There is nothing like flying military to get the real feel and sounds of flying. There is nothing between you and noisy hydraulic systems that move at the slightest command from the pilot’s controls. The rush of air and engine noise combined with the high-pitched sounds of these systems make flying a totally new experience. It also makes it very hard to carry on a conversation or to stay awake - all that humming, whining, and roar makes your eyes very heavy.
In 1966, a noisy, but reliable, C-130 Hercules, carried me from Tan Son Nhut Airbase, near Saigon, on a 2 hour flight to my home for the next year at Da Nang Airbase. Fear of the unknown kept me awake for most of the trip, but the mechanics of the flight soon began to work on my eyes. I fought desperately to keep my head up right and back against the black interlaced nylon straps of military seating.
Suddenly, I felt something against my right shoulder - it was a head! There was a young South Vietnamese soldier relaxing himself against me. What was this? How dare he? I nudged the short green fatigue dressed troop with my elbow, only causing him to readjust his position. A second more forceful and well-placed jab caused him to open his eyes and look puzzled up at me. He then just leaned to the opposite side, rested himself on the shoulder of another Vietnamese troop, and was soon fast asleep. I could not understand this familiarity. Were they all gay?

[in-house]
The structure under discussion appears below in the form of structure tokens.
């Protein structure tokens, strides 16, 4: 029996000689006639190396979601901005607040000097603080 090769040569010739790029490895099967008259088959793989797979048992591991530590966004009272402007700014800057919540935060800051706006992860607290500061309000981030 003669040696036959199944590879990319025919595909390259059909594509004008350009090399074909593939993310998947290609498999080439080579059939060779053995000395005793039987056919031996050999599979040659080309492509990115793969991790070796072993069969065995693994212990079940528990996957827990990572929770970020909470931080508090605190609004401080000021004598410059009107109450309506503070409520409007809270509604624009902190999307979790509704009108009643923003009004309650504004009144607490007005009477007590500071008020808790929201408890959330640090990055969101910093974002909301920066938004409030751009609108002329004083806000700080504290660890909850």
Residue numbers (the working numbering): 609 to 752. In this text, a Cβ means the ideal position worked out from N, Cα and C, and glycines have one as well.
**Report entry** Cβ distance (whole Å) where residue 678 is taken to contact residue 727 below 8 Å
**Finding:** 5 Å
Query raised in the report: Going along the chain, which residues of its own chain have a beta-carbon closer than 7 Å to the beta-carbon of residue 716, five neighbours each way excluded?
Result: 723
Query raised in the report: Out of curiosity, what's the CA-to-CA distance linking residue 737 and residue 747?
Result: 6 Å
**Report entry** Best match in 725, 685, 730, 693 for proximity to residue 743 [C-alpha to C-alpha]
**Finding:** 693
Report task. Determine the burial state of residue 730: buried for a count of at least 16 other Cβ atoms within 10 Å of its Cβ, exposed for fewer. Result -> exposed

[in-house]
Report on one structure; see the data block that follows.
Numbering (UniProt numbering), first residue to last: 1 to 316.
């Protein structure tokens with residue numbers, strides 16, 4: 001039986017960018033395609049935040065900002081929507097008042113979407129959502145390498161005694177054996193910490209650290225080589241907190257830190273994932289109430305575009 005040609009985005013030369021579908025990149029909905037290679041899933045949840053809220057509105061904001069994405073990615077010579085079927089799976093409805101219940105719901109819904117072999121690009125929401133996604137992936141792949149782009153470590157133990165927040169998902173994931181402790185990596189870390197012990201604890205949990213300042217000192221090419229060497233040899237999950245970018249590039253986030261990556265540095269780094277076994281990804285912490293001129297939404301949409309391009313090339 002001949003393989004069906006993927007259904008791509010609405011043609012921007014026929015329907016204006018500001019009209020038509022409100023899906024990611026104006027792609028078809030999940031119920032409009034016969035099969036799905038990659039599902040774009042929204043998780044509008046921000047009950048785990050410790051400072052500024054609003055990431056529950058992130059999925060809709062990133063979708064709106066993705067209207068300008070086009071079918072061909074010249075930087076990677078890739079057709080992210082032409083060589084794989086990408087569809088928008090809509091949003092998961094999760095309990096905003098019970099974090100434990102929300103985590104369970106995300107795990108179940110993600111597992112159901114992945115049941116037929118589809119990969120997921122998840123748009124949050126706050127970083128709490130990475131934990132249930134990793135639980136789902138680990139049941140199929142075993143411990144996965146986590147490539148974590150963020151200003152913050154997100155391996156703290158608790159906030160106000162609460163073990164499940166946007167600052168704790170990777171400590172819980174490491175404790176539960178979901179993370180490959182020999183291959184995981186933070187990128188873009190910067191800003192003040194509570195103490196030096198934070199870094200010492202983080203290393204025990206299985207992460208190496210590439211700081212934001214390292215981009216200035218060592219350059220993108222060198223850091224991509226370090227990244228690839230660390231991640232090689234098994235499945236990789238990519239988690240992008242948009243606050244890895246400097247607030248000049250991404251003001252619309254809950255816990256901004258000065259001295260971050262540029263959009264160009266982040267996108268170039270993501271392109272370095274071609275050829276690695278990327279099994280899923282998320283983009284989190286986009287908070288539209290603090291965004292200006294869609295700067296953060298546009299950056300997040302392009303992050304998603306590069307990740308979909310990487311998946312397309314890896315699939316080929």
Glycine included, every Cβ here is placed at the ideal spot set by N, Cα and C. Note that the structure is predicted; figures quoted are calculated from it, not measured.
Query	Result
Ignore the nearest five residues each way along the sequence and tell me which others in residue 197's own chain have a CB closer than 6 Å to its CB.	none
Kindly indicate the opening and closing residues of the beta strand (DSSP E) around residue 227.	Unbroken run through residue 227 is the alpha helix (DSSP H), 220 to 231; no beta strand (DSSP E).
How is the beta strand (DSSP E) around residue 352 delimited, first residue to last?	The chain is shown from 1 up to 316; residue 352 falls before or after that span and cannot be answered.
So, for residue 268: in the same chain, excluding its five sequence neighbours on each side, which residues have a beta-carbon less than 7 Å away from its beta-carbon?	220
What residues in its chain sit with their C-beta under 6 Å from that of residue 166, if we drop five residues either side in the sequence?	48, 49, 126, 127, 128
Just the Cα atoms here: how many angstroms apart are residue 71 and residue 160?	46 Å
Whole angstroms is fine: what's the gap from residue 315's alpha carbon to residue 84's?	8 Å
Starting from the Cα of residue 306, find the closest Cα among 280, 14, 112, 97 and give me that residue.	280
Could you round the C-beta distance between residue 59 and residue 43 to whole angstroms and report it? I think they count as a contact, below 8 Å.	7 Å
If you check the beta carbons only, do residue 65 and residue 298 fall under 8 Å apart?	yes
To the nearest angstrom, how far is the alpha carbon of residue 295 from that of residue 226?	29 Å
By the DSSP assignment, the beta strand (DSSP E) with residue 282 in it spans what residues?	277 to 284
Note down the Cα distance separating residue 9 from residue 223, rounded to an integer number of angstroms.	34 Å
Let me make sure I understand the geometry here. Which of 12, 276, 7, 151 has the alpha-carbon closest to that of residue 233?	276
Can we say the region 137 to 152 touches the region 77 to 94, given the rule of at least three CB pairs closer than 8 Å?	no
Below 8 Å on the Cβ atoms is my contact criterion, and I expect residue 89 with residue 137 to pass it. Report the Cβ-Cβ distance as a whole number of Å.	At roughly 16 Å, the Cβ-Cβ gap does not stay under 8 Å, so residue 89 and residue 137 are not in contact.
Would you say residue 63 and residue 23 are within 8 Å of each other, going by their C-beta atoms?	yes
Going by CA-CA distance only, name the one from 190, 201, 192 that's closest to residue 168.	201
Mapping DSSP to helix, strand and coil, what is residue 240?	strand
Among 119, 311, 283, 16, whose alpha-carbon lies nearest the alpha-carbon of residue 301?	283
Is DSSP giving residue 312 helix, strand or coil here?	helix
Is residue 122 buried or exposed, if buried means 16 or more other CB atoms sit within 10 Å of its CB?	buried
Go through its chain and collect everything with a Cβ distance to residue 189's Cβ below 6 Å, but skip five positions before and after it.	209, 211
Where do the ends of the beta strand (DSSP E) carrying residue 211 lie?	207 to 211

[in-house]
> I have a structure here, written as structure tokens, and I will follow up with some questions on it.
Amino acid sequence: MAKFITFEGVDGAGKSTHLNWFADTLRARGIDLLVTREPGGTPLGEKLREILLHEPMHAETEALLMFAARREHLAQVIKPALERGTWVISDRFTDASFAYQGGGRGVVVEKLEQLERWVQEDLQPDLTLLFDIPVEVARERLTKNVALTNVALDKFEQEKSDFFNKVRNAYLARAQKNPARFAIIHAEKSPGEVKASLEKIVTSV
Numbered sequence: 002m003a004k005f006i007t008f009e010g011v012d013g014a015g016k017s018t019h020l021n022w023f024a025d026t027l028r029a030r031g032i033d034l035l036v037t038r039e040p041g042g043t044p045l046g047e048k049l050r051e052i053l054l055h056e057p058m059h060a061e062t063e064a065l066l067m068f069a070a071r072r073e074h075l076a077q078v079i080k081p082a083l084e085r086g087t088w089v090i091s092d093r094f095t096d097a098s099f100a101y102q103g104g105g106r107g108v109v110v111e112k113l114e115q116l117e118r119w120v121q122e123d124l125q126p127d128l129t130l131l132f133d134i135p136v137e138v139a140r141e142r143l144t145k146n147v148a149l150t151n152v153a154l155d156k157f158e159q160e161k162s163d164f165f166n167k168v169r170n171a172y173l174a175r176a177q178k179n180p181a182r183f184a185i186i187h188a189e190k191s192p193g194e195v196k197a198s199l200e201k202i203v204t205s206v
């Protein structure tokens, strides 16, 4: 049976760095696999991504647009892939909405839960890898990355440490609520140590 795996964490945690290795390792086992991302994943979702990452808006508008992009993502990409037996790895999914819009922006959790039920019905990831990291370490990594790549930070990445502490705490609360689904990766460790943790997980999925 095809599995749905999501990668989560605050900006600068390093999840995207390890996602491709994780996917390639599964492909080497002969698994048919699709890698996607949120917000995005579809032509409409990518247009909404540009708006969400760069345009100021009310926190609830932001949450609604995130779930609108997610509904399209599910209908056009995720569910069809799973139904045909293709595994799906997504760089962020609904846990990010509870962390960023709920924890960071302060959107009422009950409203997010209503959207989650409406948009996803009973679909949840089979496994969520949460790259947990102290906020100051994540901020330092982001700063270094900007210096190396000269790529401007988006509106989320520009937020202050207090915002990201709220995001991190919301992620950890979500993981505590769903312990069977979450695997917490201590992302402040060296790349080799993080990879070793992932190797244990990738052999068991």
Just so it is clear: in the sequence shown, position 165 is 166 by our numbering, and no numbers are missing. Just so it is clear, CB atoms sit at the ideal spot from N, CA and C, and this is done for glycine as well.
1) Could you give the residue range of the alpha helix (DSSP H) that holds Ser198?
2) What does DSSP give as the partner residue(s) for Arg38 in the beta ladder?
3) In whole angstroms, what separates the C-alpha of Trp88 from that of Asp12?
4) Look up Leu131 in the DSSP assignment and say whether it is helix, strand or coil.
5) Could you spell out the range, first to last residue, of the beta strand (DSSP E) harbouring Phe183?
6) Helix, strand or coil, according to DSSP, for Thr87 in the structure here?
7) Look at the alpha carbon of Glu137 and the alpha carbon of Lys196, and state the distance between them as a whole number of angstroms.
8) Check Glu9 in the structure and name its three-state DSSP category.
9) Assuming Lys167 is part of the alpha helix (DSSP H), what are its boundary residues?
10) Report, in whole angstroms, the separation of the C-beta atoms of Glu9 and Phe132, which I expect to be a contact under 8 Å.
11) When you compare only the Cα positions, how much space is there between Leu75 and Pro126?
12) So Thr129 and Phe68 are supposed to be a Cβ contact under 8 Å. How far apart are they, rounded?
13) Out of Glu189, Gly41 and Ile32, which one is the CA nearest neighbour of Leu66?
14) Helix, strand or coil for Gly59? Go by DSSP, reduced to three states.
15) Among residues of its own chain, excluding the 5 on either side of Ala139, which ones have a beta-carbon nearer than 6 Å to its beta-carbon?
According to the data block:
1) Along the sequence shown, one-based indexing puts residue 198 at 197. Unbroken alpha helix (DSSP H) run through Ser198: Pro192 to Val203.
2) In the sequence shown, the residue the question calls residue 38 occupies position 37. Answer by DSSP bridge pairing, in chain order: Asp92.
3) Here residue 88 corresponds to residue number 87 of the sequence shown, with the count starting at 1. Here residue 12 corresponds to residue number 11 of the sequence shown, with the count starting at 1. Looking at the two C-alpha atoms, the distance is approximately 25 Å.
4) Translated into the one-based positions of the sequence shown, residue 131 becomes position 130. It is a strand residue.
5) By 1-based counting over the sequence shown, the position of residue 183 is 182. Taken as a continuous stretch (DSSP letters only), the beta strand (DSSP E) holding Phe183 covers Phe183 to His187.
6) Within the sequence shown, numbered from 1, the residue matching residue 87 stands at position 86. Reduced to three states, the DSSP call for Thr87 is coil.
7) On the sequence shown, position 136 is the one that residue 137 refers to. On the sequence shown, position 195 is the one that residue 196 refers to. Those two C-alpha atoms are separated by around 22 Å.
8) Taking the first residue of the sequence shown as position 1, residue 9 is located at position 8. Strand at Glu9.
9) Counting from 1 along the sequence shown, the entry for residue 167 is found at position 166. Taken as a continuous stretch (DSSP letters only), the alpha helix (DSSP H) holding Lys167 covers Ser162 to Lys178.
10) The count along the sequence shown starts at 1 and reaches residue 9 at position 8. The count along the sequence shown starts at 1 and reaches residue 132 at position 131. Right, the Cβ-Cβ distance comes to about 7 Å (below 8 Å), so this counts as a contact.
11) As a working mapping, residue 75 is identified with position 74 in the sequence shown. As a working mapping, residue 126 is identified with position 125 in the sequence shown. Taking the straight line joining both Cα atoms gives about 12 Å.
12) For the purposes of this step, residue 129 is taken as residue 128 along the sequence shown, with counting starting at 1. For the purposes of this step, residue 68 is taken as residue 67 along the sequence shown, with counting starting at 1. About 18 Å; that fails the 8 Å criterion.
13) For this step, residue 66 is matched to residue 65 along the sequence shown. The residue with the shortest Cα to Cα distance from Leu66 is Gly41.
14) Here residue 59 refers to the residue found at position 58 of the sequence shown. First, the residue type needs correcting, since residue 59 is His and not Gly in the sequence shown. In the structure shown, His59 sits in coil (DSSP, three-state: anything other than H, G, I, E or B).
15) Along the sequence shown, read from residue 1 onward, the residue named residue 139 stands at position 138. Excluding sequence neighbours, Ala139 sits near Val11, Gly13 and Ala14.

I looked around the cramped fuselage to see if any of my friends had seen this act of defiance, and noticed that several of the Vietnamese troops were lounging comfortably, not only on each other’s shoulders, but some actually had their heads in a friend’s lap. I was too perturbed to go to sleep now! I was afraid of what might be on my shoulder or worst yet, in my lap, when I woke up!
I did not understand the cultural difference until years later, but even then, I noticed that none of the American troops on that flight took such liberties. “Nobody, not even an American, better lay his head on my shoulder!” This was the “John Wayne” attitude of us American Dudes!
It was simply the American “bubble.” We do not like people to get into our face or invade our space. It is ours and we do not take kindly to anyone stepping over that imaginary line. Some boundaries extend further than others do, and part of good interpersonal skills is being able to determine to what extent someone is approachable. However, here in